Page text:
We began at 100 yards and fired at 130, 150, 180, 200, 220, 230, 250, 275, 300, 325, 350, and 400 yards.
We aimed at the same spot as at 100 yards. Up to 250 yards, using the first sight, we found that up to 230 yards there was no perceptible drop.
At 250 yards we had to put up the flap sight, which gave very satisfactory results as far as 350 yards, after that, at 400 yards, we found the drop considerable and sudden.
Mr. Ferguson said that, until he had shot this rifle, he had no conception that it was possible to make a rifle which, up to 230 yards, had such a flat trajectory.
Yours very truly,
– Horatio Ross
You like to hear of anything connected with Highland sport. I therefore send you a very curious account of what occurred last Monday to me. I may say that I do not recall anything like it during the more than half a century that deerstalking has been my favorite sport. I was stalking three stags and slowly slipping down a hill when two sheep saw me. The stags saw the sheep and knew at once that danger of some sort was near and from their manner it was evident that they were about to bolt. They were a long way off but I had confidence in my Henry rifle. I fired at one whose horns were clear of velvet. To my surprise they never moved. I fired again at the same stag, then they started at a gallop. The stag I had shot at, after going about thirty yards fell down dead. On going up to him I found that both my bullets had hit him, one passed through the liver, the other through his heart and the two bullet holes were not more than four inches apart. There is no great merit or difficulty in hitting a stag standing steadily broadside although the distance was considerable (200 yards by measurement) but that he should not have moved after a bullet has passed through his body is quite unaccountable...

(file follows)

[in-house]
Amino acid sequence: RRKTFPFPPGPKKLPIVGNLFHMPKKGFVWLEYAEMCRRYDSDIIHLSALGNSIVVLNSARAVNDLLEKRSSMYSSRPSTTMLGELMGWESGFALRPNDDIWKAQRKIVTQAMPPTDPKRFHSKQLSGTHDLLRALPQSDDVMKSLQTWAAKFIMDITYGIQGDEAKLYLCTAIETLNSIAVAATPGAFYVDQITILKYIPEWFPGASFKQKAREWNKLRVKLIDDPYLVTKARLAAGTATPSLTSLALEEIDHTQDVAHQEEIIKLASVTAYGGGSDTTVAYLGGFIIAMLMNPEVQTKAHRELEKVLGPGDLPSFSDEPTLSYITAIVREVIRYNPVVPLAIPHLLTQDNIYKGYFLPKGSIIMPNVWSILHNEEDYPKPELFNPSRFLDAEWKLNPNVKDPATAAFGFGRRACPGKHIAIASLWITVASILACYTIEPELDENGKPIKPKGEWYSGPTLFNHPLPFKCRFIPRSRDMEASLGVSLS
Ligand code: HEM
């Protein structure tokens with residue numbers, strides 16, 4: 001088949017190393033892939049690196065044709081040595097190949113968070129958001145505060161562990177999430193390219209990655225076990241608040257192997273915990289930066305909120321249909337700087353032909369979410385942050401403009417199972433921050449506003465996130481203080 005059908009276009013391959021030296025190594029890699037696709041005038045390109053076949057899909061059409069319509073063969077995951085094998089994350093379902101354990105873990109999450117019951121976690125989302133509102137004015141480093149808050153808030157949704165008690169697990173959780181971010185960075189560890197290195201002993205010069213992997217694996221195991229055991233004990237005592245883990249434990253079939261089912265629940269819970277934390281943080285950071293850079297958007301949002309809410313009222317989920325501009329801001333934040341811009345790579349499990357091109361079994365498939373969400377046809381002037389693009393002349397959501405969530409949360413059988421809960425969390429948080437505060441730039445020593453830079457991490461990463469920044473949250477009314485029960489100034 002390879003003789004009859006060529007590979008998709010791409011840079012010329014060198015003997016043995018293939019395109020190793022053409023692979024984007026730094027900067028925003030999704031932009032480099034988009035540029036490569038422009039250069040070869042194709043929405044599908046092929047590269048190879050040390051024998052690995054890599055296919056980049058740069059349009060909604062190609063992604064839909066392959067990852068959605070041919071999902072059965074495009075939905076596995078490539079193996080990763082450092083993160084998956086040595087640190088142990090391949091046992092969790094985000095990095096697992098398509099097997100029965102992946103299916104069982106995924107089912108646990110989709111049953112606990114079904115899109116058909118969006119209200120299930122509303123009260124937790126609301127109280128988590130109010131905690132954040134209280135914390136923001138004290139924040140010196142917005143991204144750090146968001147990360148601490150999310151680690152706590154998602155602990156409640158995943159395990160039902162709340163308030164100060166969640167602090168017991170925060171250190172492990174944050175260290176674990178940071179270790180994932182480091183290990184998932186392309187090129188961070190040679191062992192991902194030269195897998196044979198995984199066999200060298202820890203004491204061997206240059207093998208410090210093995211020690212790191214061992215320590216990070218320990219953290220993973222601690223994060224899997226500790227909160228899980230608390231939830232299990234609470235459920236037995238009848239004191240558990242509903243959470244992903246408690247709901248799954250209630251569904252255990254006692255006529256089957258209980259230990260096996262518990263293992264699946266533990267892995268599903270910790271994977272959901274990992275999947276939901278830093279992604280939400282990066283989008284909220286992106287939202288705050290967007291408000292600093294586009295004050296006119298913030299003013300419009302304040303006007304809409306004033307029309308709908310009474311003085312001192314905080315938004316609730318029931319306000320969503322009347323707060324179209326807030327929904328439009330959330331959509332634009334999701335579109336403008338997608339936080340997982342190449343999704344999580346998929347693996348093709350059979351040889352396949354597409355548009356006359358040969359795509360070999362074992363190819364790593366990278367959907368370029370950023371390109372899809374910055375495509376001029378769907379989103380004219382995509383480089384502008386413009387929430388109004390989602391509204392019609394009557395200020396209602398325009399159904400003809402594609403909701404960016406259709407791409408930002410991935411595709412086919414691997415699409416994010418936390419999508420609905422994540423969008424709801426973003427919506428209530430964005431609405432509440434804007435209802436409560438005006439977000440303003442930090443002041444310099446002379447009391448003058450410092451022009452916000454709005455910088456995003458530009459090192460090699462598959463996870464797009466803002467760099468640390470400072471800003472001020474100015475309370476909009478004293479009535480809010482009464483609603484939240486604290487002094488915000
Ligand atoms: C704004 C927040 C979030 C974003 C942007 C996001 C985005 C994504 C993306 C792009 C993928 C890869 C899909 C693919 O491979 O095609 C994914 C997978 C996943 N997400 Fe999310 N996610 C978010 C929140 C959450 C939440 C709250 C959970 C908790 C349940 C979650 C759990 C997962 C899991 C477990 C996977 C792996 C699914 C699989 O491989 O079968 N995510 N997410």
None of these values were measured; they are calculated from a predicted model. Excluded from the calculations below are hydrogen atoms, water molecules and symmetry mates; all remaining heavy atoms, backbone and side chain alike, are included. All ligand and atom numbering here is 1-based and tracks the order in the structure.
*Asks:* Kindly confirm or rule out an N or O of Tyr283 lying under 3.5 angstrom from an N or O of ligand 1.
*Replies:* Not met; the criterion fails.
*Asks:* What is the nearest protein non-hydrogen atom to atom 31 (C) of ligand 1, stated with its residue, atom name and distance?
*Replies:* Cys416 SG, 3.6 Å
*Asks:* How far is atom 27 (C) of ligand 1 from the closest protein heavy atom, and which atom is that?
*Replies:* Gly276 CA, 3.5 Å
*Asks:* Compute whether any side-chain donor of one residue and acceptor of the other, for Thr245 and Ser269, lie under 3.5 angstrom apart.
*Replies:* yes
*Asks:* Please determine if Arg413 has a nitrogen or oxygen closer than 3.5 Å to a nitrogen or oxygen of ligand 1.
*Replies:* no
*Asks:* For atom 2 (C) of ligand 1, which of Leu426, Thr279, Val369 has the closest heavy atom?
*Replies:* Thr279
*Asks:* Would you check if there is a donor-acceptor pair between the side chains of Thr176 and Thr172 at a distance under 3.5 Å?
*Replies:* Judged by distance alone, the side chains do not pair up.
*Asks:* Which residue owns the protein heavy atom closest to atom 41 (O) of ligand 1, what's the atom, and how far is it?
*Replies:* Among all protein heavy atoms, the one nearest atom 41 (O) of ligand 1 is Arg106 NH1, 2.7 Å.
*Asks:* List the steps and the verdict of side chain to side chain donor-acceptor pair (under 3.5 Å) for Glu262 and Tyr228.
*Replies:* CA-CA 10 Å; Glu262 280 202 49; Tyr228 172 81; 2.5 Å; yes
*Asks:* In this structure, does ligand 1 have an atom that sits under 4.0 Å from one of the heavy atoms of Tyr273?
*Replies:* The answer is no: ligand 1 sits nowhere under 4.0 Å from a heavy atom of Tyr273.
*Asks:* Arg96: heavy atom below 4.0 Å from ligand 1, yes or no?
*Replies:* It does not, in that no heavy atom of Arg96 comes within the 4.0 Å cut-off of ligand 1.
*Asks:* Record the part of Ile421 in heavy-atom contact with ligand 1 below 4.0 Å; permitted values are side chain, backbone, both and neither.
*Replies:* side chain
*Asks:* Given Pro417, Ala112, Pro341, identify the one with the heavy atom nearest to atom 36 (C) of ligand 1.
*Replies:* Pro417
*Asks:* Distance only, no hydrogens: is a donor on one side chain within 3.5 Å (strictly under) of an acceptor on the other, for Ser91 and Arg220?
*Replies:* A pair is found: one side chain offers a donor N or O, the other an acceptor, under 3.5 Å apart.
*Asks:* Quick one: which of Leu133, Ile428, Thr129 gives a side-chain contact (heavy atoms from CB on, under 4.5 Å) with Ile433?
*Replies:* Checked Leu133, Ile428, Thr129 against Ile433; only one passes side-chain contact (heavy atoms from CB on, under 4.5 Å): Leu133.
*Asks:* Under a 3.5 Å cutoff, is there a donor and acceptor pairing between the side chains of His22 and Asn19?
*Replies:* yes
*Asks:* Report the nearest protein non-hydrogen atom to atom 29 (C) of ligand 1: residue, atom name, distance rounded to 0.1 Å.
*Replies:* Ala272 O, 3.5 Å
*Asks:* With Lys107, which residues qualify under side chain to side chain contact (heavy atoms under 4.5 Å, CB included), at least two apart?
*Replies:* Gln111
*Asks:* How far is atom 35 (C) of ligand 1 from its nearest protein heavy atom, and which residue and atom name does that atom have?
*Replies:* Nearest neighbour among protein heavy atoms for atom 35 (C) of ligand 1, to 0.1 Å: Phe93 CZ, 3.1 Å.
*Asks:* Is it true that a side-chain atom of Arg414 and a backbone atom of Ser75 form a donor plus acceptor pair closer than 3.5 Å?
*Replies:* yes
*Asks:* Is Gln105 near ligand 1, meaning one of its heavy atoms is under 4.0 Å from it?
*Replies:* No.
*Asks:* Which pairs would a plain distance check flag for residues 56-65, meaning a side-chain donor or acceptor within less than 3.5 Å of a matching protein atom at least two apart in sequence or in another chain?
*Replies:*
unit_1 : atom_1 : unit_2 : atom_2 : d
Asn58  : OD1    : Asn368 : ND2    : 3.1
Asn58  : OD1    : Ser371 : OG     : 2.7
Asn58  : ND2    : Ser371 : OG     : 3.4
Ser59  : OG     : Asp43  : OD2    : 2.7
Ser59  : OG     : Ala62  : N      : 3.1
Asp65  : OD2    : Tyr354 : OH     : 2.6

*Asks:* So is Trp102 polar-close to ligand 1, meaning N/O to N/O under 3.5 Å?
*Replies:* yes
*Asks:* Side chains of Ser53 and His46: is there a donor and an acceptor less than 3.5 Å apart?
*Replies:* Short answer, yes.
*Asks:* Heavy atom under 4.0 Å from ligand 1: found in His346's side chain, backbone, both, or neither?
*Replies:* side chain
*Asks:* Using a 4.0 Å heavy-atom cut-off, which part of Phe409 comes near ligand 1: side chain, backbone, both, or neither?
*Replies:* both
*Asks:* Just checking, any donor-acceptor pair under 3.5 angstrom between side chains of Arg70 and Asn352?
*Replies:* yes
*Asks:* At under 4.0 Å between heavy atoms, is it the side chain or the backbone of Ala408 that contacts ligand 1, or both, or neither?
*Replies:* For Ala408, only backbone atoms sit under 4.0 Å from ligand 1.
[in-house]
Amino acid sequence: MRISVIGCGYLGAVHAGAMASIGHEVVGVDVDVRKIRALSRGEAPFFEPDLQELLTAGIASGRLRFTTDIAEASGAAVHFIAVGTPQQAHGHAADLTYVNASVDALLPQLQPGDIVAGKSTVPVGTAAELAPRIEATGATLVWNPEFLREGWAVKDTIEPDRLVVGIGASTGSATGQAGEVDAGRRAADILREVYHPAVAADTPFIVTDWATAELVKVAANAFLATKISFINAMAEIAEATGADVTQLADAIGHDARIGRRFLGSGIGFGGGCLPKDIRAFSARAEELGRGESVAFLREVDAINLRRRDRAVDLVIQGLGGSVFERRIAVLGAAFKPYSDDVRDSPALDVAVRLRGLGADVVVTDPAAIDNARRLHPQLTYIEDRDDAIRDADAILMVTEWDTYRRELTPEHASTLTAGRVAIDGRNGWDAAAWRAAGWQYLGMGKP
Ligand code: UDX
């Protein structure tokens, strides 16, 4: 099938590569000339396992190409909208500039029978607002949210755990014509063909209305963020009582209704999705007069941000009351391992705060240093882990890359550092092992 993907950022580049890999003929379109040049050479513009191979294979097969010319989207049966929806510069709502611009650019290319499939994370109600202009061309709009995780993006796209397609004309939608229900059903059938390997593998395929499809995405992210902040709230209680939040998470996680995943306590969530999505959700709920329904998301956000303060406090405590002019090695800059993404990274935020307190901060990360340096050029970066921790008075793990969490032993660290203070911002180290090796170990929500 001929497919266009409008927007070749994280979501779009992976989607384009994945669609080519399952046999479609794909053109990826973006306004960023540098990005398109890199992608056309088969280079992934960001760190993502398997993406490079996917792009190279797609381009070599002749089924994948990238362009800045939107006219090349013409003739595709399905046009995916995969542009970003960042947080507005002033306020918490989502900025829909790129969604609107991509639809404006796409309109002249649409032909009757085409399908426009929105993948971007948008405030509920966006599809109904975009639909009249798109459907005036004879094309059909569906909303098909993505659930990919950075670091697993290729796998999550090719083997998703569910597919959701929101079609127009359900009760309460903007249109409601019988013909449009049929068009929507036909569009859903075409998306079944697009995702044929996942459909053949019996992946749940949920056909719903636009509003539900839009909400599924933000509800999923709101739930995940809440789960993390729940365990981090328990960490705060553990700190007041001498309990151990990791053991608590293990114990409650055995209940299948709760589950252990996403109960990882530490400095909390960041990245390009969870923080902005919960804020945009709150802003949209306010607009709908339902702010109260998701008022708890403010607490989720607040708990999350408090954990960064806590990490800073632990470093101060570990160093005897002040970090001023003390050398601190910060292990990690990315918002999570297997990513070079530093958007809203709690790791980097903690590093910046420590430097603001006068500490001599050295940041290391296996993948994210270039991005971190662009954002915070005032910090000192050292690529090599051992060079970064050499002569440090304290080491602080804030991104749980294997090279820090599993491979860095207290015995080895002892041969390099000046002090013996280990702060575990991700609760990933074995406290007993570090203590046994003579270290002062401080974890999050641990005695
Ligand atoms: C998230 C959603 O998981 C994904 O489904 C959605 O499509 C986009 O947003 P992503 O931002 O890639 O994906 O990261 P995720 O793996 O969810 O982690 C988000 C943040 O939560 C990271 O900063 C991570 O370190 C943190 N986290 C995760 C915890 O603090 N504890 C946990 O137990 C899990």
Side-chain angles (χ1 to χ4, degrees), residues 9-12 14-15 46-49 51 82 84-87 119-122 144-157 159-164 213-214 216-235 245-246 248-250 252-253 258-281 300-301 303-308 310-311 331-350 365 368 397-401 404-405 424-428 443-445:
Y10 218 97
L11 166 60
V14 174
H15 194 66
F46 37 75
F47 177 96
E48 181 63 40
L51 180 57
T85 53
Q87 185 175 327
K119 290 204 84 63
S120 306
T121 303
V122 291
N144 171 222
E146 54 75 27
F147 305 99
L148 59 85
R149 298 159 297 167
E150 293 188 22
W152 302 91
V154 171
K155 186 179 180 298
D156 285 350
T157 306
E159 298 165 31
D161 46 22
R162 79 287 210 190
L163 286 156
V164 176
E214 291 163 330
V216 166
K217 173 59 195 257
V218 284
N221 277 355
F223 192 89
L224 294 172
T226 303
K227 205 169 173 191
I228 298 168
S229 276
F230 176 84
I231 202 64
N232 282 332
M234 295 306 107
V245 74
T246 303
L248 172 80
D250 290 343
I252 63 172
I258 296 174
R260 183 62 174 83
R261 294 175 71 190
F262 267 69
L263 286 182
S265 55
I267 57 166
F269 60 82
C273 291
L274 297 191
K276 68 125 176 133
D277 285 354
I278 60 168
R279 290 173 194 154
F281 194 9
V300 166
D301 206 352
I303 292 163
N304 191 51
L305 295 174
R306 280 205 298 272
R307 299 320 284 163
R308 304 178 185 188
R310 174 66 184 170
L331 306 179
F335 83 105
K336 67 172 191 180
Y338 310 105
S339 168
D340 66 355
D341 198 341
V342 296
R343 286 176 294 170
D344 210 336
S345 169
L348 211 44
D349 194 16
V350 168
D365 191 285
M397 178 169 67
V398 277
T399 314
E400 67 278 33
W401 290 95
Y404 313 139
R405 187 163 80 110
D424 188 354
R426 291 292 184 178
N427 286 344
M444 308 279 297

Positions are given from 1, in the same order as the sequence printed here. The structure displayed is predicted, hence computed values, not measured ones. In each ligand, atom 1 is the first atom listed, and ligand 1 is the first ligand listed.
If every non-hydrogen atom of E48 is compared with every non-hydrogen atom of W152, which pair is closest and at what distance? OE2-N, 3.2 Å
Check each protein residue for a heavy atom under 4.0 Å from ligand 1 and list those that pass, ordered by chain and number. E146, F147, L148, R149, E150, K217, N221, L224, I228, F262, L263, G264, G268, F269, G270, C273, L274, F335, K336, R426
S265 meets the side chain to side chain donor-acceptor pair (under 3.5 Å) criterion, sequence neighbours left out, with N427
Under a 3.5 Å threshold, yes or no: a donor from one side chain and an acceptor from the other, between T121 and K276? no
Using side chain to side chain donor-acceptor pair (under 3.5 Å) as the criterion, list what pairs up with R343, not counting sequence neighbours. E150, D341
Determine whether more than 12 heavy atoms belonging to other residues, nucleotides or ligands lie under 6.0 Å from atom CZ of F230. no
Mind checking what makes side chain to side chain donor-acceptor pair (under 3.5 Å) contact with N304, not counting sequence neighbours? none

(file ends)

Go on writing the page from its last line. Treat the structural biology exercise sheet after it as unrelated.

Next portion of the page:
However, Ross had exceptionally good vision as demonstrated in his ability as a pistol shot. He killed 20 swallows one morning before breakfast, most of them on the wing. He was, in fact, known to be the best pistol shot in all of Europe. In an interview with Sir Henry Halford in 1893, Halford recalled,
So great was he with the use of a pistol that a Spaniard came over specially to study his methods, querying whether Ross was as proficient with the weapon as avowed. A match was arranged between the two men with dueling pistols- the distance being twenty yards, and the target a bull’s-eye, the size of a sixpence (.764 inch diameter). The Spaniard hurried off home after seeing Ross hit the bull’s-eye with twenty consecutive shots.
Ross was chosen to act as Second in 16 duels and was always successful in dissuading the combatants from carrying them out. So, it is with great pleasure that this thumbnail biography of a remarkable rifleman and his “Queen of the Forest” is presented to the readers of The BPC News.
Grant Cypher at Ron Peterson Guns, Albuquerque for photographs of Horatio Ross’ Henry rifle.
1. Gilbert, Miles. “Thomas Kennedy, Maker to HRH Prince Albert.” Double Gun Journal, winter 2010.
2. Ormond, Richard. The Monarch of the Glen: Landseer in the Highlands. National Galleries of Scotland, 2005. pg. 70
3. Winfer, Wal. “Alex Henry and his Falling Block Rifles.” The Gun Digest, 1979. pg. 78
4. Walsh, J.H. The Modern Sportsman’s Gun and Rifle. Vol II. Wolfe Publishing Co. Prescott, AZ.
5. The Englishman. Jan. 9, 1887